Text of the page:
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Year : 2018  |  Volume : 84  |  Issue : 5  |  Page : 554--557

End of the road for terbinafine? Results of a pragmatic prospective cohort study of 500 patients

Department of Dermatology and Venereology, Institute of Medical Sciences, Banaras Hindu University, Varanasi, Uttar Pradesh, India

Correspondence Address:
Dr. Sanjay Singh
Department of Dermatology and Venereology, Institute of Medical Sciences, Banaras Hindu University, Varanasi - 221 005, Uttar Pradesh
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Source of Support: None, Conflict of Interest: None

DOI: 10.4103/ijdvl.IJDVL_526_17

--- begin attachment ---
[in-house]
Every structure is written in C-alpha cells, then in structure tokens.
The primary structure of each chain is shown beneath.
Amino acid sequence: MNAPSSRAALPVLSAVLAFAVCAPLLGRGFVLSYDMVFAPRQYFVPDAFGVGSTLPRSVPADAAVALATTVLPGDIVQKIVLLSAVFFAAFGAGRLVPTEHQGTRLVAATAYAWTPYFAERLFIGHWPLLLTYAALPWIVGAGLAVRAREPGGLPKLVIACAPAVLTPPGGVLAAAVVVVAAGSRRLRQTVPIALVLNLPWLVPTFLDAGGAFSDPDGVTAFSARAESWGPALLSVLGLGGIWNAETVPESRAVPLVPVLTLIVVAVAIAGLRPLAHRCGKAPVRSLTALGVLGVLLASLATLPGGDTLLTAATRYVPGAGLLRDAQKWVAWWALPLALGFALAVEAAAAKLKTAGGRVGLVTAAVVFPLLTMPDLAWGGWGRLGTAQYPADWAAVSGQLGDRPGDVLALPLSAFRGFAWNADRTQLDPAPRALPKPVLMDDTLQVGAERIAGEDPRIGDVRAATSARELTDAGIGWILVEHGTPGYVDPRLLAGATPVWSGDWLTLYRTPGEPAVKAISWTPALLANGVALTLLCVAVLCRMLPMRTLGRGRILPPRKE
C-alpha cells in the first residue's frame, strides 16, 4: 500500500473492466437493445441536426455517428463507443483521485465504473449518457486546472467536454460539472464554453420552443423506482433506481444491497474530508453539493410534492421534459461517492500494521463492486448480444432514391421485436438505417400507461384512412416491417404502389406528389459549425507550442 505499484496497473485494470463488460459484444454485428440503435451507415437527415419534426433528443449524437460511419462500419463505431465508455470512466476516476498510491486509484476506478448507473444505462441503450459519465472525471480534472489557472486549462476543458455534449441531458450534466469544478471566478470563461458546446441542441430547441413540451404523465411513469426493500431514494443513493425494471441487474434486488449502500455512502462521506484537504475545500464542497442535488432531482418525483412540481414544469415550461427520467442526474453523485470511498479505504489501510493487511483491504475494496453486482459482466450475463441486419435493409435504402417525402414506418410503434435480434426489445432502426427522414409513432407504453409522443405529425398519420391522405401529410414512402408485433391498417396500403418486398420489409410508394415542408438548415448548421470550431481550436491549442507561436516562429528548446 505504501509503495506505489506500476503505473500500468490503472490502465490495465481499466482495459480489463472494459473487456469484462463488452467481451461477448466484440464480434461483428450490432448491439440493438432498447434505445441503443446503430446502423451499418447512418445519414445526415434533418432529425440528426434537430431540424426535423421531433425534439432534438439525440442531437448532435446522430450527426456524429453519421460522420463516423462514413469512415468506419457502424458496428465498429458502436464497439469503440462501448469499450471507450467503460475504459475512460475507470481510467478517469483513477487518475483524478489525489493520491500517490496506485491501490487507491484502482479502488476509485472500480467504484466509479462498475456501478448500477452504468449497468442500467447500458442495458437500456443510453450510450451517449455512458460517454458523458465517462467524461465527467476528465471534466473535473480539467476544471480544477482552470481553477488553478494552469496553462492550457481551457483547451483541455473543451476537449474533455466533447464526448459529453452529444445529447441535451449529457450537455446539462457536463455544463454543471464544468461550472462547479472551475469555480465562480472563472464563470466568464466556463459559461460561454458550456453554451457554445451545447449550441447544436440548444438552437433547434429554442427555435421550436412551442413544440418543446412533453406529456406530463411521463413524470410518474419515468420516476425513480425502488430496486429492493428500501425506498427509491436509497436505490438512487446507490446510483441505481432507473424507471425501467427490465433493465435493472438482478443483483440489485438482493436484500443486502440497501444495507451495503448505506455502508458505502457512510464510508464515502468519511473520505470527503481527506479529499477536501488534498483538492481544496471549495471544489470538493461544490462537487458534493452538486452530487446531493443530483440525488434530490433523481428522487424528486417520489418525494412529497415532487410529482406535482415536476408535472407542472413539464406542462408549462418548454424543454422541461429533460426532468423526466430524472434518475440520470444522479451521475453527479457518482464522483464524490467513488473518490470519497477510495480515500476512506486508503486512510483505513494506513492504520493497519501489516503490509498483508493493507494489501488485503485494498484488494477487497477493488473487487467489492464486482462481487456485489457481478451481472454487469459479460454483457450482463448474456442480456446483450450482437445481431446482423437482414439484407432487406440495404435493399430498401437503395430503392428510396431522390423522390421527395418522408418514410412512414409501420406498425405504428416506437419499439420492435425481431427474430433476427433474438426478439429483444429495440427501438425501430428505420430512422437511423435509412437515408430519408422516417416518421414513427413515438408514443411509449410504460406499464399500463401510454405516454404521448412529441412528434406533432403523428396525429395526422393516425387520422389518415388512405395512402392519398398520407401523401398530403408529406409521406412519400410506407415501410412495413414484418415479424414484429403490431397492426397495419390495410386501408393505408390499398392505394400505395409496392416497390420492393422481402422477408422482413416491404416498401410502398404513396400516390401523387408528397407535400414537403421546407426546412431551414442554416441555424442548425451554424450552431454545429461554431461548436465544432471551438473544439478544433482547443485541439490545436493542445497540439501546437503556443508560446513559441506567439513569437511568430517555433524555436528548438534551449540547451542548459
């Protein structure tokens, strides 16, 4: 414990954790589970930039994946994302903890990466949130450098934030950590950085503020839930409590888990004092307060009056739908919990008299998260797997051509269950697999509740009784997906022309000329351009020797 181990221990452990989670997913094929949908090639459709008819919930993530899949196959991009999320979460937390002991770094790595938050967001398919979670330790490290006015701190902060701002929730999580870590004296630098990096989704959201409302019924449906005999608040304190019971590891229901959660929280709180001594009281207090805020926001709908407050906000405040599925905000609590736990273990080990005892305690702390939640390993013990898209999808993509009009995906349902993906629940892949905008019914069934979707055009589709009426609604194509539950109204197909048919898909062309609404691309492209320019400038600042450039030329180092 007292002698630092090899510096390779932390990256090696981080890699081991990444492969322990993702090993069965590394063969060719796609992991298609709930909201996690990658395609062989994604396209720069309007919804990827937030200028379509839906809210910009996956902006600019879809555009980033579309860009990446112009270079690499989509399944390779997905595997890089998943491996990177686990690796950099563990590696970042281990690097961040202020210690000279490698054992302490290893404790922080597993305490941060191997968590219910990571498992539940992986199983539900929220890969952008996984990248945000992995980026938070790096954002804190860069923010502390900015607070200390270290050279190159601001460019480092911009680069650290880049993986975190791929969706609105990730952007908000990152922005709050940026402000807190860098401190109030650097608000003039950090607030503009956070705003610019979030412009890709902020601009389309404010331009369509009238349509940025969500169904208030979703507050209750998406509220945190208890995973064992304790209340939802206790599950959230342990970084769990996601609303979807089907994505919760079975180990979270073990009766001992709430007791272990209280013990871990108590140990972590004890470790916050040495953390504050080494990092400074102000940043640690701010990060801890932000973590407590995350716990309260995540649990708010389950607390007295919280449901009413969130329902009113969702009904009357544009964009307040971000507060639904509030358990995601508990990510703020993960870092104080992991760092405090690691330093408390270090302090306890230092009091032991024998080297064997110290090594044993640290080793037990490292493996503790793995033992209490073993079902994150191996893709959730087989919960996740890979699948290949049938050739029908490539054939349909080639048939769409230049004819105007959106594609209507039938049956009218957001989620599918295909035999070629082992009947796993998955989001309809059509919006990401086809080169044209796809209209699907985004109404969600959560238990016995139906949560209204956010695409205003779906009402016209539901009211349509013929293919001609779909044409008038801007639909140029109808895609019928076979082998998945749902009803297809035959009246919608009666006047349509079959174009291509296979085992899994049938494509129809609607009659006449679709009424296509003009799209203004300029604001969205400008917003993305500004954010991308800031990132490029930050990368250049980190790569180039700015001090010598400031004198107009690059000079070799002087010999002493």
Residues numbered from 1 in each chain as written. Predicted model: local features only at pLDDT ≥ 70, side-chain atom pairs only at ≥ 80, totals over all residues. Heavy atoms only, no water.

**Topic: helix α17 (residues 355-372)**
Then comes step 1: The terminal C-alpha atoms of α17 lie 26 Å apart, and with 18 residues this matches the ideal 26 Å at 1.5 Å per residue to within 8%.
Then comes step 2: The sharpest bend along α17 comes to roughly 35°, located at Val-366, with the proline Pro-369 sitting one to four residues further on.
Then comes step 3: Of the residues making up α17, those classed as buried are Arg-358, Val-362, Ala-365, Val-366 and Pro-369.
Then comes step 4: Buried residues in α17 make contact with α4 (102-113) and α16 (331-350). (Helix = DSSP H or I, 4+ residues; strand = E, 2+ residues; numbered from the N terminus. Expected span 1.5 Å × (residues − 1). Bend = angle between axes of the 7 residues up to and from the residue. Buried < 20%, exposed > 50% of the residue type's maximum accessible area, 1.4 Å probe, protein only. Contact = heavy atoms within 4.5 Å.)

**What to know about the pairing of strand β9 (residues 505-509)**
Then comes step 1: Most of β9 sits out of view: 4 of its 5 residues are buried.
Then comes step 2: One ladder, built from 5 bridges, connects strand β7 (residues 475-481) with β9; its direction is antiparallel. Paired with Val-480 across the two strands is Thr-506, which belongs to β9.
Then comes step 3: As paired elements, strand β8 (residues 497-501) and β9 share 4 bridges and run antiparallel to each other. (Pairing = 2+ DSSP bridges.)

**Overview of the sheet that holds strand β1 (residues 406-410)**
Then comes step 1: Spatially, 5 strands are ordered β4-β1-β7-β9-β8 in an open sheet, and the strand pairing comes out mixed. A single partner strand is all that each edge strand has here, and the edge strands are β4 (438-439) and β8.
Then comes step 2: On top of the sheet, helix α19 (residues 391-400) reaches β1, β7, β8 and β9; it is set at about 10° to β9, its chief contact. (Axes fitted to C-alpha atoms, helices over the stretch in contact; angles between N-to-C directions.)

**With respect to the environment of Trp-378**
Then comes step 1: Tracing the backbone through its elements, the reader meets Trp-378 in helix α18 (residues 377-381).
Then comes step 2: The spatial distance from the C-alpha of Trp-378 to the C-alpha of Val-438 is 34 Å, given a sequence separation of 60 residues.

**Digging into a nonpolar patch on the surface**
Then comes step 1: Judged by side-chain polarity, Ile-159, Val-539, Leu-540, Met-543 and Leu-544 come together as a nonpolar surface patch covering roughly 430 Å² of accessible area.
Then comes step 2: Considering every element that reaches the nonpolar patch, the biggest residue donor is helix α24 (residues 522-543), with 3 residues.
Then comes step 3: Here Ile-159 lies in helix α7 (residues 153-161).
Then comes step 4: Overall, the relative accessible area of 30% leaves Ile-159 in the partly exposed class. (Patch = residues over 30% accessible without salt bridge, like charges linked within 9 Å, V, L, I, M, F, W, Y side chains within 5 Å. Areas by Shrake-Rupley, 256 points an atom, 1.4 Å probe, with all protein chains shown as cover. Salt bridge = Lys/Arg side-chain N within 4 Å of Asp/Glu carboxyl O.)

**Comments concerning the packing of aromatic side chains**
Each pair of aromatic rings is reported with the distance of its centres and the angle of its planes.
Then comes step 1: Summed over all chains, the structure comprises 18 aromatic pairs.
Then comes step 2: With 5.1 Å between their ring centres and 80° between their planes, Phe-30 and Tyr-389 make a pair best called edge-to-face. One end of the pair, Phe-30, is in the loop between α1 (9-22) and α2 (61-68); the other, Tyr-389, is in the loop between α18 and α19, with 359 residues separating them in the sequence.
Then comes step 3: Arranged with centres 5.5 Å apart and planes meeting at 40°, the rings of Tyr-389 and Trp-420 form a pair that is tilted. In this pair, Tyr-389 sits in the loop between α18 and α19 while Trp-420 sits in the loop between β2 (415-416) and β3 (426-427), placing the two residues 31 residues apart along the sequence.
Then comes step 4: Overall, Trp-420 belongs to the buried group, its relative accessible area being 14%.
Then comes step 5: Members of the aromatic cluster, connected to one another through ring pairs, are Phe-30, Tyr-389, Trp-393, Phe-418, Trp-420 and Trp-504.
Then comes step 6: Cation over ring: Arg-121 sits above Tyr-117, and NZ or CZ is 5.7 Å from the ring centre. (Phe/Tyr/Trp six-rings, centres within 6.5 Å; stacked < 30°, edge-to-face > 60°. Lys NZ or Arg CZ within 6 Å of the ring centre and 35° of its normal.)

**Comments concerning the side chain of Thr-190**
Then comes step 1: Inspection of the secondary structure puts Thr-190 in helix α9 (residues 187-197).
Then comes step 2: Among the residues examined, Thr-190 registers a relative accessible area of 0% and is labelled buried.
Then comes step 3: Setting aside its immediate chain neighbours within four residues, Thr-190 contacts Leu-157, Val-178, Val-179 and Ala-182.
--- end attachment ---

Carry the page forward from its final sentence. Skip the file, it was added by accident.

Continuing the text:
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Background: There is a general impression among dermatologists in India that terbinafine has been losing its effectiveness in dermatophytoses over the past few years, but there are no recent data to support this. Aims: To determine the effectiveness of terbinafine in tinea corporis, tinea cruris and tinea faciei with a pragmatic prospective cohort study. Methods: A sample size of 361 patients was calculated taking a 5% margin of error and a 95% confidence level. Five hundred patients with tinea corporis, tinea cruris and tinea faciei confirmed by potassium hydroxide microscopy received oral terbinafine (5mg/kg/day) and topical terbinafine 1% applied twice daily for 4 weeks. Patients were evaluated at 2 and 4 weeks. Cure was defined as total clearance of lesions and negative microscopy. Results: Patients who came for follow-up at 2 and 4 weeks numbered 357 and 362 respectively. Ten patients were cured at 2 weeks (cure rate 2%, 95% confidence interval 1.0–3.7%, intention-to-treat analysis) and 153 patients were cured at 4 weeks (cure rate 30.6%, 95% confidence interval 26.7–34.8%). Limitations: Culture and antifungal susceptibility testing were not performed since this was a pragmatic study. There was also no follow up after completion of treatment to check for relapses, but the poor response makes this less relevant. Conclusion: The effectiveness of terbinafine in dermatophytosis was abysmal in this study.


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